But enough of Shakespeare—let us turn to Augustus
Hare. There are people who say that even illness does not
warrant these transitions; that the author of The Story of
Two Noble Lives is not the peer of Boswell; and if we
assert that short of the best in literature we like the worst
—it is mediocrity that is hateful—will have none of that
either. So be it. The law is on the side of the normal. But
for those who suffer a slight rise of temperature the names
of Hare and Waterford and Canning will always ray out
beams of benignant lustre. Not, it is true, for the first 
hundred pages or so. There, as so often in these fat
volumes, we flounder, and threaten to sink in a plethora
of aunts and uncles. We have to remind ourselves that
there is such a thing as atmosphere; that the masters
themselves often keep us waiting intolerably while they
prepare our minds for whatever it may be—the surprise, or
the lack of surprise. So Hare, too, takes his time; the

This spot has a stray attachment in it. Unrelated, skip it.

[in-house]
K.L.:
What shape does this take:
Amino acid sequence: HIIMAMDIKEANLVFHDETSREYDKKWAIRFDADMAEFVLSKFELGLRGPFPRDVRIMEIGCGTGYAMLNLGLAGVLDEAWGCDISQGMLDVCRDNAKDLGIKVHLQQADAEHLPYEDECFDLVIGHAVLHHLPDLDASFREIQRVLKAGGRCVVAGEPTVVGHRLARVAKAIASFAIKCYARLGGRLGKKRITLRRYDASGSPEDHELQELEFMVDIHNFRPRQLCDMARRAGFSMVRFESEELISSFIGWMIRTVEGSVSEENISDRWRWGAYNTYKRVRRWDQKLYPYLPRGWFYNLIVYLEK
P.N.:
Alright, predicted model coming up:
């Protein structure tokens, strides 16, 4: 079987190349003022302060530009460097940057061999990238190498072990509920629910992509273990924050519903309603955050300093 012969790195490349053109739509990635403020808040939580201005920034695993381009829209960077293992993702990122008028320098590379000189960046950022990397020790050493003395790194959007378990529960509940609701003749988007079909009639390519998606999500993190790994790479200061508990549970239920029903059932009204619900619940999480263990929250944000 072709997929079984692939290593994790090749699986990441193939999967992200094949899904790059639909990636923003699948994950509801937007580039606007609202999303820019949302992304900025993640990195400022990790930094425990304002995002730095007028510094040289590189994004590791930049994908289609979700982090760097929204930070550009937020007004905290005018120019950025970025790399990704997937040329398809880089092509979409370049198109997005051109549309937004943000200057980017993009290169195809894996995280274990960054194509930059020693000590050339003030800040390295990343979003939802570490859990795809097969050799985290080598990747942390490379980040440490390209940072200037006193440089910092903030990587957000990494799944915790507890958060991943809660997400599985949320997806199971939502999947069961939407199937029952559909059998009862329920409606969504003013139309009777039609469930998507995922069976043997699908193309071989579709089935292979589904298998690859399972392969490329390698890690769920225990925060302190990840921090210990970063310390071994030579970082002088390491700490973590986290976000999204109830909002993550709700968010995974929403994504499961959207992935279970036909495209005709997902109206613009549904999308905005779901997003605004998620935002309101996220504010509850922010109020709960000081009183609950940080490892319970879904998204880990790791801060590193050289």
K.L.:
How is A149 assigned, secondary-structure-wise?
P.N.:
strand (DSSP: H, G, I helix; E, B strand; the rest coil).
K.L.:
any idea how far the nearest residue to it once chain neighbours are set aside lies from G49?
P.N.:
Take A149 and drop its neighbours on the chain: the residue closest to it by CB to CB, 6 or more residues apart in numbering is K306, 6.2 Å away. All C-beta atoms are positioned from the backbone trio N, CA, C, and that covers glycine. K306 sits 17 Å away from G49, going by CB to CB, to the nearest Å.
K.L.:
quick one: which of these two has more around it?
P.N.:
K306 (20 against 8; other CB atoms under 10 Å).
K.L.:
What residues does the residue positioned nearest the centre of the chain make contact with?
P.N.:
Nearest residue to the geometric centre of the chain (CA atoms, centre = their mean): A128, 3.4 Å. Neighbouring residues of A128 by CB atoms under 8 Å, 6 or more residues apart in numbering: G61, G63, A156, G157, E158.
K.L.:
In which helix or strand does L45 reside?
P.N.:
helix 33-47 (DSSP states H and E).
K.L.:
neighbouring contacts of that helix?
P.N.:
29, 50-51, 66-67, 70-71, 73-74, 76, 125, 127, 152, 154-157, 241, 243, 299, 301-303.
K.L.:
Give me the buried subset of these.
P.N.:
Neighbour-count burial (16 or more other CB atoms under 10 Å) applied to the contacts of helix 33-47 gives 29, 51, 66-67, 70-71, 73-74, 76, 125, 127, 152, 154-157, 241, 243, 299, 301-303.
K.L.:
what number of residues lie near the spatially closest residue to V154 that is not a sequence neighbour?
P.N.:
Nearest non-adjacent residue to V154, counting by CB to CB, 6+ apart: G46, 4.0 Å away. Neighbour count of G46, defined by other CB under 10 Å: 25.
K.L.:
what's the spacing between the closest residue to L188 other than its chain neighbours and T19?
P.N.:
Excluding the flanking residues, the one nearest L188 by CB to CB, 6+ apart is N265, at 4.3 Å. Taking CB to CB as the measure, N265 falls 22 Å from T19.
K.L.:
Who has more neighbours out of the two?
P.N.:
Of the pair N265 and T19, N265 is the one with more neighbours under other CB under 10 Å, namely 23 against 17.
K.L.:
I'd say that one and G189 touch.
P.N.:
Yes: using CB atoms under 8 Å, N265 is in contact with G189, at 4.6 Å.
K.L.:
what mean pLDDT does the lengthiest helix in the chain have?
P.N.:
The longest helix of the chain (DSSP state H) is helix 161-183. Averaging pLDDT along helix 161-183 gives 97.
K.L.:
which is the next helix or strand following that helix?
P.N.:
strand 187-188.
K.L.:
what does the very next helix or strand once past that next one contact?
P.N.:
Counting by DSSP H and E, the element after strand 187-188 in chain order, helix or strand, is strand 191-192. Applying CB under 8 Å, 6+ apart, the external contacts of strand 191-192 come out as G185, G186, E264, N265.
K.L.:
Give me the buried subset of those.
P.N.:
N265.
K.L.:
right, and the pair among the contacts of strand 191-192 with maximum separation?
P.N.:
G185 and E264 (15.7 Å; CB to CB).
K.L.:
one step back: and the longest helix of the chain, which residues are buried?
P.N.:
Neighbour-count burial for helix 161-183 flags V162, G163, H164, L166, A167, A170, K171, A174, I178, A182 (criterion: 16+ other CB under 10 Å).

charm steals upon us imperceptibly; by degrees we 
become almost one of the family, yet not quite for 
our sense of the oddity of it all remains, and share 
the family dismay when Lord Stuart leaves the room
—there was a ball going forward—and is next heard 
of in Iceland. Parties, he said, bored him—such were 
English aristocrats before marriage with intellect had 
adulterated the fine singularity of their minds. Parties bore 
them; they are off to Iceland. Then Beckford's mania for 
castle building attacked him; and he must lift a French 
château across the channel, and erect pinnacles and towers 
to serve as servants' bedrooms at vast expense, upon the 
borders of a crumbling cliff, too, so that the housemaids 
saw their brooms swimming down the Solent, and Lady 
Stuart was much distressed, but made the best of it 
and began, like the high-born lady that she was, planting 
evergreens in the face of ruin; while the daughters, 
Charlotte and Louisa, grew up in their incomparable 
loveliness, with pencils in their hands, for ever sketching,